LETTER: Time to rename British Columbia

One reader wants the province to create a more inclusive name for B.C.

Dear Editor,

It is now a practice, before a public event, to have an Indigenous land acknowledgement.

Is this mere tokenism under the guise of “Truth and Reconciliation” with Indigenous communities even when our province continues to have a colonial name, flag and coat-of-arms?

“British Columbia” was chosen on July 24, 1858, by Queen Victoria, a monarch who never set foot in these parts.

Her decision, though said to be hesitant, was unilateral and without consultation with the mostly Indigenous people who lived here.

Vancouver Island was a British colony for just 22 years.

The mainland was a colony for 13 years.

British rule ended in 1871.

WATCH: Celebrating Metis culture and history at Louis Riel Day

Yet we cling to the “British” moniker while ignoring the more than 10,000 years that Indigenous communities inhabited these lands, and our 149 years in the Canadian Confederation.

Some will argue that a name change will dishonour British roots and heritage, and, oh yes, tradition.

They conveniently forget the roots, heritage, and traditions of our Indigenous communities, who have lived here for more than 10,000 years, and, those of us who are not of British (today a minority) ancestry.

We are not British. And Columbus never came here.

We have laboured under this colonial pretension for too long.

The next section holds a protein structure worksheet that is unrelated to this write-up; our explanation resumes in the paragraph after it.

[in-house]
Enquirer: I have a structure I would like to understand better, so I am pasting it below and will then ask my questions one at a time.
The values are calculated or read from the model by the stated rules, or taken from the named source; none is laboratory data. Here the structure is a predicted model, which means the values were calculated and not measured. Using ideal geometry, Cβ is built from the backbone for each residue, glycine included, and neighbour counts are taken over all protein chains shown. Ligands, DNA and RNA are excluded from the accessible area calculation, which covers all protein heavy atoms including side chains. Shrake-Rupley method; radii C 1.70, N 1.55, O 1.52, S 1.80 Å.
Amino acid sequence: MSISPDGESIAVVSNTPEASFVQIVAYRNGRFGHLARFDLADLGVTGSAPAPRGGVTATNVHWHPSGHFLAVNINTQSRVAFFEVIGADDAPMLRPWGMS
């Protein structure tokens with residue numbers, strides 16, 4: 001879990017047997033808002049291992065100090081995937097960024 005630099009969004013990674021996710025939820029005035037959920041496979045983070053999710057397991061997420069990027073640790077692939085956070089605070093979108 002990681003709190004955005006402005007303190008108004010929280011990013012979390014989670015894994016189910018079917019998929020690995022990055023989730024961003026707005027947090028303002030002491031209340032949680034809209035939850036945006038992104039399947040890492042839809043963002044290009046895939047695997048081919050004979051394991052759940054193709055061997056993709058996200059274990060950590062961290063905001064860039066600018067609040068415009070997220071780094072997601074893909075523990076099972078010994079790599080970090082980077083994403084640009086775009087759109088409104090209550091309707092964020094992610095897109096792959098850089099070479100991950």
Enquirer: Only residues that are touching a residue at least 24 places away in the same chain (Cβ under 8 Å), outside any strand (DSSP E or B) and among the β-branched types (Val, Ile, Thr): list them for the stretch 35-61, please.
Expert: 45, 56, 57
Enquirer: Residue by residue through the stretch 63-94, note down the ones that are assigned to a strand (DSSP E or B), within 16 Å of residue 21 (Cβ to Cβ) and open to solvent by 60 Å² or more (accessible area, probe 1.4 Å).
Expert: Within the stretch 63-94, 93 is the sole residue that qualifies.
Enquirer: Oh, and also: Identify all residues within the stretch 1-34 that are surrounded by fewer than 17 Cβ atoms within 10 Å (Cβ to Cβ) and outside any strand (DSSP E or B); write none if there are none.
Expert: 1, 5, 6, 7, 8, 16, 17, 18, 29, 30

Besides the abbreviated “B.C.” commonly used today is meaningless.

When can we take pride in our province’s name, flag, and coat-of-arms?

The government should ask the Indigenous peoples to come up with a new name that will reflect the province’s more than 10,000 years of history, awesome grandeur, diverse bio-geoclimatic zones, and its mosaic of multi-cultures.

The new name – hopefully easily pronounceable, spelled and short – could be proclaimed on the 150th anniversary of the province’s entry into the Canadian confederation on July 20, 2021.

This would be in accordance with Premier John Horgan’s recent challenge of “thinking outside the box” in the “new normal” after the COVID-19 pandemic.

A new name will demonstrate solid confidence in ourselves as a province that is inclusive of all its residents, rather than clinging to coattails of British colonists.

The name, of course, cannot be fully changed overnight because it is a complex matter.

However, many countries had the fortitude to make a start and go through a liberating process of choosing a new name – such as Ghana, Indonesia, Sri Lanka, Zambia, Mali – and implementing it fast.

If we keep the status quo, we are only confirming that all our talk about reconciliation with our Indigenous peoples is only tokenism and not full and respectful inclusion.

Ben Pires, Victoria

Do you have an opinion you’d like to share? Please send us a letter to the editor, include your first and last name, your address, and your phone number.

British ColumbiaLetter to the Editor

Get local stories you won't find anywhere else right to your inbox.
Sign up here

Just Posted

B.C. Green Party leader Sonia Furstenau outlines her party's climate action platform at Nanaimo's Vancouver Island Conference Centre earlier this month. (News Bulletin file photo)
Green leader Furstenau declared victor in her home riding on Vancouver Island

Cowichan Valley voters elect freshly minted party leader for her second term

Submitted
BC VOTES 2020: John Rustad re-elected in Nechako Lakes riding